Fiji joined Quota International’s network in 1975.
Fiji is the home of Quota International of Ba
A recent civil coup has made Fiji a hot topic in Asia-Pacific news this year. An archipelago of 332 islands in the Koro Sea, Fiji has had a fairly unstable government since gaining independence from Great Britain in 1970. The most recent problems began in May 2000 when seven masked gunmen stormed Fiji’s parliament building and appointed a new prime minister.
The coup leaders were arrested, and an interim government with a third prime minister was put into place by Fiji’s military and the Great Council of Chiefs to restore order during the civil unrest.
The hostile takeover of parliament came only one year after the first elections were held under Fiji’s 1997 Constitution. Although Mahendra Chaudhry was elected Fiji’s first prime minister of Indian ethnicity, he was not restored to power after the rebels were arrested. Instead, the military-appointed leader, Qarase, has promised to rewrite Fiji’s constitution by August 2001 to guarantee that indigenous Fijians hold top political jobs. He also promises to hold elections in 2002.
Legend suggests that the great tribal chief Lutunasobasoba led the first Fijians to the islands from Southeast Asia by way of Indonesia nearly 3,500 years ago. The Melanesians and the Polynesians intermarried and developed a complex, highly developed society many years before the arrival of the first Europeans. The Dutch were the first to arrive to Fiji when Abel Tasman passed through in 1643.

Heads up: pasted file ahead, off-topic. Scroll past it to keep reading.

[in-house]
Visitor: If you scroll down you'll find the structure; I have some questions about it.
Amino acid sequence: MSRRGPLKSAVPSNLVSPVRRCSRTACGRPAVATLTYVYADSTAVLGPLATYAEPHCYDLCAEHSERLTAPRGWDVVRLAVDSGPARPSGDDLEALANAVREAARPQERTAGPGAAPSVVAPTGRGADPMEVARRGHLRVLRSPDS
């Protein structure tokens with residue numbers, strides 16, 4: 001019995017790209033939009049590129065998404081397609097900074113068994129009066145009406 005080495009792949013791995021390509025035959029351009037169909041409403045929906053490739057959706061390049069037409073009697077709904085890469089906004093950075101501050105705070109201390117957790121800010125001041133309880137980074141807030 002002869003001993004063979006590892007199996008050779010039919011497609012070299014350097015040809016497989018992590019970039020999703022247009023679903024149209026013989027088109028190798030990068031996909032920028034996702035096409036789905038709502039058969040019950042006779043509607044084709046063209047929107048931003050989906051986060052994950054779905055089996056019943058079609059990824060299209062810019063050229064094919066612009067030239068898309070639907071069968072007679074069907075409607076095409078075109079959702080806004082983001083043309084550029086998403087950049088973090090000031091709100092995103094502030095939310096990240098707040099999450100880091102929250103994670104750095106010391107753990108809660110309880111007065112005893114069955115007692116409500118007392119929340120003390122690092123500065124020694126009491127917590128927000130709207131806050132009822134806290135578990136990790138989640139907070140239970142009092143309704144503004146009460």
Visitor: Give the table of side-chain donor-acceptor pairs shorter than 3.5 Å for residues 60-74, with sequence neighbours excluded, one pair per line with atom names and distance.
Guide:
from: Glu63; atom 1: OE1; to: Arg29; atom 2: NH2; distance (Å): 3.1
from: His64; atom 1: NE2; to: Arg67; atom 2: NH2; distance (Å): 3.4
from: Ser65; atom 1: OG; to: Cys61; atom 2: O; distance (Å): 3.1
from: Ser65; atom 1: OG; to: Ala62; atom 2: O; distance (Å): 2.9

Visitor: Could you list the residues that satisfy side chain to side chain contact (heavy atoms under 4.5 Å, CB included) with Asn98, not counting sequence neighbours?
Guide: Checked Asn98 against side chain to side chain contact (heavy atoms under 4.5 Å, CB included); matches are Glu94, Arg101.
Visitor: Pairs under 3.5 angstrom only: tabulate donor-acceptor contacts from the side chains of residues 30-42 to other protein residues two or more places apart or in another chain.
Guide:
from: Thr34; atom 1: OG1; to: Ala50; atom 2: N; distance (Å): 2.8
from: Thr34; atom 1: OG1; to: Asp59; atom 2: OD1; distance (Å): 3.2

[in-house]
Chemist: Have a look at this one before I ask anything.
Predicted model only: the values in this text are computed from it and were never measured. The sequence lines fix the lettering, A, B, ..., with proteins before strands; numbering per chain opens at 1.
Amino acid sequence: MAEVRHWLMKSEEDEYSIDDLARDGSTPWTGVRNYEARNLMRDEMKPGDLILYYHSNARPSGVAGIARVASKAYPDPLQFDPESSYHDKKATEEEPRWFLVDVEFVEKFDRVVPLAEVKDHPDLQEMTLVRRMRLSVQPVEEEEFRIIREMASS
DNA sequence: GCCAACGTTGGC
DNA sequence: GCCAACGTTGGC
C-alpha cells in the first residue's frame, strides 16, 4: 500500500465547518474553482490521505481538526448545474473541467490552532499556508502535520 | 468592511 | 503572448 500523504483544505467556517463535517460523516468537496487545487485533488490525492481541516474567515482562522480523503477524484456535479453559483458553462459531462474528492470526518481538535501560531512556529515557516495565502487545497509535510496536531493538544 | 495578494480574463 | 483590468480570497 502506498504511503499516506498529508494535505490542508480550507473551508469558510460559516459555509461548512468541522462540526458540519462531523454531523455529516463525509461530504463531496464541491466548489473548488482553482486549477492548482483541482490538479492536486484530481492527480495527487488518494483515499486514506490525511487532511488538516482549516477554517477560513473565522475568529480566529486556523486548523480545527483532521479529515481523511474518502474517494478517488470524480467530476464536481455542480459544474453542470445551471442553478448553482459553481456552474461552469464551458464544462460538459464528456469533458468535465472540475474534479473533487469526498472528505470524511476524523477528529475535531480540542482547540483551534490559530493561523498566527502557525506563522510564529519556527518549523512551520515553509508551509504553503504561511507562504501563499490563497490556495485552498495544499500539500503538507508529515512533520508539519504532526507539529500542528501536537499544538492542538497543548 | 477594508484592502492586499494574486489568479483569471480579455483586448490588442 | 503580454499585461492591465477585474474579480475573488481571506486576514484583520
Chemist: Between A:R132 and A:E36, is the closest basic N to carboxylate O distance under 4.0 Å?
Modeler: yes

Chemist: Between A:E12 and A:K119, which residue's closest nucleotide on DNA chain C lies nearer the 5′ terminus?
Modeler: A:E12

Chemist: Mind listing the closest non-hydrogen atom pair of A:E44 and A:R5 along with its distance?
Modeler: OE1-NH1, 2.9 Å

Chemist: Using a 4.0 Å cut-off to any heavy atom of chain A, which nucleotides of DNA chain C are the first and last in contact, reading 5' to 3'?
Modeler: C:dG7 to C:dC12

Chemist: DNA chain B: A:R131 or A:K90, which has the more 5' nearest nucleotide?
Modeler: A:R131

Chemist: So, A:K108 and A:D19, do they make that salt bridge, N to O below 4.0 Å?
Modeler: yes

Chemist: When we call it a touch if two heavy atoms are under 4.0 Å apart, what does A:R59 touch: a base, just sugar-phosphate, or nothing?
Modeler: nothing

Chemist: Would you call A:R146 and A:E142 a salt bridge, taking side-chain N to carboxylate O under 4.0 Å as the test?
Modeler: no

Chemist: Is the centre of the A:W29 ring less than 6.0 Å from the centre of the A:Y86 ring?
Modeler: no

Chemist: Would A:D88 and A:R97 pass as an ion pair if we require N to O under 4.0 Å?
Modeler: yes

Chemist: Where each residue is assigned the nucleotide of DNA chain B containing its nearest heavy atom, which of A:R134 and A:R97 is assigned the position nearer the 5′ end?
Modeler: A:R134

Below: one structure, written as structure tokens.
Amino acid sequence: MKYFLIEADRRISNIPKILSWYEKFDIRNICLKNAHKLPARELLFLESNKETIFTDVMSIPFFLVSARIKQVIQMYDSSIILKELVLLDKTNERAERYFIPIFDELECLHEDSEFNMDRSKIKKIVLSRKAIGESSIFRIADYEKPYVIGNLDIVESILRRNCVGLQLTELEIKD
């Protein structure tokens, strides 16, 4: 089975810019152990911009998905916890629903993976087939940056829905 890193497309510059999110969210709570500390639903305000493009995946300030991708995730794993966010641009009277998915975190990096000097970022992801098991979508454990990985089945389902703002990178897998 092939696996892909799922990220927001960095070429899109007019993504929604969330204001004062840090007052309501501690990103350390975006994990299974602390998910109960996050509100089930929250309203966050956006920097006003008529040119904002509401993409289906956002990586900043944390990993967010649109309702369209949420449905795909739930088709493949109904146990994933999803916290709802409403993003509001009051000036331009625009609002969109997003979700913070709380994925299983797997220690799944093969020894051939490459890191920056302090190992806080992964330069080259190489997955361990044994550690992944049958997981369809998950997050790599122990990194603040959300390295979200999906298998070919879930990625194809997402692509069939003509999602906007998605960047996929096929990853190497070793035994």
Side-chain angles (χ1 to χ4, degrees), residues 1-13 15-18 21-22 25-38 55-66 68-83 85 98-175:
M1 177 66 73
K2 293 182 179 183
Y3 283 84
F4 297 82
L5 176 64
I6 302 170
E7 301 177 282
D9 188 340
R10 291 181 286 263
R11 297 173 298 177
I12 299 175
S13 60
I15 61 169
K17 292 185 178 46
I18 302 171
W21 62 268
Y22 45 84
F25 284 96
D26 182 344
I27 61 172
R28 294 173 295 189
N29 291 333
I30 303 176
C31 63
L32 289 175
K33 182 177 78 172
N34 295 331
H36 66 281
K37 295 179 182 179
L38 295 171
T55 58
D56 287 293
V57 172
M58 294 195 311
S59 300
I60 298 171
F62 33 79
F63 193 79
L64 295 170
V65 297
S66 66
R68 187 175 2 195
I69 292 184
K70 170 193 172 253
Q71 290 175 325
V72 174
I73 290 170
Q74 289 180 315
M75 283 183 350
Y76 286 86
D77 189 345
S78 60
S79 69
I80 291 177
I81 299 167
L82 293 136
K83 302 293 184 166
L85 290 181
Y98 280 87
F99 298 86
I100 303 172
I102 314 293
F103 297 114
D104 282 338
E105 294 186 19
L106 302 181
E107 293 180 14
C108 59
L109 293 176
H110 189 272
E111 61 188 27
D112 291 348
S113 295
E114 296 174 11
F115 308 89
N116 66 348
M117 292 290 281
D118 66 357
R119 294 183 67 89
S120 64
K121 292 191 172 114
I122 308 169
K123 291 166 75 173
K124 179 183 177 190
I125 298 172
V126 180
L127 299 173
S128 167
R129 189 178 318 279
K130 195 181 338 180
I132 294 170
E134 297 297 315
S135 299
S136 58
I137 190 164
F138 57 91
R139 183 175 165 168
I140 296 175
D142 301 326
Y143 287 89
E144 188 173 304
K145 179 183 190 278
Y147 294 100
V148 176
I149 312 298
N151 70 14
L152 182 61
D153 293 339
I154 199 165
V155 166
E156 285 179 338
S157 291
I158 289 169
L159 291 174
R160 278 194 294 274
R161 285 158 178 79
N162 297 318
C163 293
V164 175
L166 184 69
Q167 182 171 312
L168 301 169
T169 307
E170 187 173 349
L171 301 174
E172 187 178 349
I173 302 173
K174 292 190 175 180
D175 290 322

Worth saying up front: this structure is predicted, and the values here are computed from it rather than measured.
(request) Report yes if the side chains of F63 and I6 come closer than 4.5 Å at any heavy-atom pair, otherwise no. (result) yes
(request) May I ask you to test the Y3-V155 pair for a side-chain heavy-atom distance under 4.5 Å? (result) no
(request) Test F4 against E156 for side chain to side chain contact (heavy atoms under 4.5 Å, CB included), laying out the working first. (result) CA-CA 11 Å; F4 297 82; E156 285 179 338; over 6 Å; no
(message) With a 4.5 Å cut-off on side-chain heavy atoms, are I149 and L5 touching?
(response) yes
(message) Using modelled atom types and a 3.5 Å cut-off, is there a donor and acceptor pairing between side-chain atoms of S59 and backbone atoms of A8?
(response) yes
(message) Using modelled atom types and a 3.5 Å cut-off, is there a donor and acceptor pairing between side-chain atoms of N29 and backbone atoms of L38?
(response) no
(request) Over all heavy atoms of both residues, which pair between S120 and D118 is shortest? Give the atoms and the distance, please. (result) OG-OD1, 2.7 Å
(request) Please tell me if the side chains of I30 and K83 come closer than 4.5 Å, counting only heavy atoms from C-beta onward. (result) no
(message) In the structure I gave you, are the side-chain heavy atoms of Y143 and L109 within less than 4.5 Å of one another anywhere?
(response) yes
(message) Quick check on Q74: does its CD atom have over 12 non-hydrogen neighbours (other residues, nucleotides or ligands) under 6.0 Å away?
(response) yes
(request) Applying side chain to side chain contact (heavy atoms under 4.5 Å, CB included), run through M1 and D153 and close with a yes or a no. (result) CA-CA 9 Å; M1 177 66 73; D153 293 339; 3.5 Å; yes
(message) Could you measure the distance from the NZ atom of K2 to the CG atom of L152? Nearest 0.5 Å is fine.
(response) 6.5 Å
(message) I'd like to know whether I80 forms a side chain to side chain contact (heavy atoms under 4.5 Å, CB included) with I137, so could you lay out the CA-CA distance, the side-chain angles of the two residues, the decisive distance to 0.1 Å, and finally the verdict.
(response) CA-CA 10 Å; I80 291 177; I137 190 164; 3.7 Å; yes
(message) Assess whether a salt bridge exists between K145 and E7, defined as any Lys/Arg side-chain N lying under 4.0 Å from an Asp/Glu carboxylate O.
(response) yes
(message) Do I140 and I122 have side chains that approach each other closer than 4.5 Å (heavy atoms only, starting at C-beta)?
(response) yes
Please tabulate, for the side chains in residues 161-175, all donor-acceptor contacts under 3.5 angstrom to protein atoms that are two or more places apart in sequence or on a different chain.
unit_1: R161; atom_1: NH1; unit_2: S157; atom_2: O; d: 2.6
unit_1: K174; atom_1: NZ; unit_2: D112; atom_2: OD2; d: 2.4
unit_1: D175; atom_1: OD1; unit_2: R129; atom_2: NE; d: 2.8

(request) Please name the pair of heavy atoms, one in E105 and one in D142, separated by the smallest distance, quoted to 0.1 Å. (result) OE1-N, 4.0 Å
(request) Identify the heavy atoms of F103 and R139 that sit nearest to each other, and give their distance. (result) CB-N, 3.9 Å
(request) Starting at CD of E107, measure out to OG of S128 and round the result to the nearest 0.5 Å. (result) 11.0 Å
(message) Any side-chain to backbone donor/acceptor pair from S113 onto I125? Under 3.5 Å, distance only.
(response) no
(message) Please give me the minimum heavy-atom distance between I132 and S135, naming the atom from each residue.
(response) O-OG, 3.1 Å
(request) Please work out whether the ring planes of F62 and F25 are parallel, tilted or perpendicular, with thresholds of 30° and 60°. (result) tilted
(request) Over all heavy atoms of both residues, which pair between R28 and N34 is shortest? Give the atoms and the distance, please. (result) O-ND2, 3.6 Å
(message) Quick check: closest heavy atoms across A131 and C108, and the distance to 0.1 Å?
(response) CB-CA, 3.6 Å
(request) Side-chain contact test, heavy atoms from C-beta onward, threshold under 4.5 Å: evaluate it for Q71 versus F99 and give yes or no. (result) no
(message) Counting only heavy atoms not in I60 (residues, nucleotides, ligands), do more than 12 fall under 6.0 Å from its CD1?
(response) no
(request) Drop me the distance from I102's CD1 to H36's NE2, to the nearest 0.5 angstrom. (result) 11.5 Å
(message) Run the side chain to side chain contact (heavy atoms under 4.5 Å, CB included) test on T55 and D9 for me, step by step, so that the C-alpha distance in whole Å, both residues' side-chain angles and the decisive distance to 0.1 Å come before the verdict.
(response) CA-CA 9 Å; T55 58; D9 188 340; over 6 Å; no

As missionaries spread Christianity through the South Pacific, more foreigners became inclined to make the islands their home. In 1874, Fiji was officially ceded to Great Britain. The colonial government was surprisingly tolerant of many local customs, and many natives were interested in learning about European customs. As a result, Fiji established profitable sugar and mining industries. Though Fiji is considered a developing country, tourism became a large source of supplemental income for the otherwise poor economy.
Today, Fiji enjoys the diversity of a multi-racial and multi-ethnic culture. Native Fijians make up 51 percent of the total population, while ethnic Indians make up 44 percent. The Indians are descendents of migrant workers who came to Fiji, when it was a British colony, to work on sugar plantations.
English is the country’s official language, though local dialects such as Bauan Fijian and Fiji-Hindi are spoken in certain enclaves. Indo-Fijians tend to live in the urban centers of Suva and Lautoka, while native Fijians tend to live in the smaller towns and villages.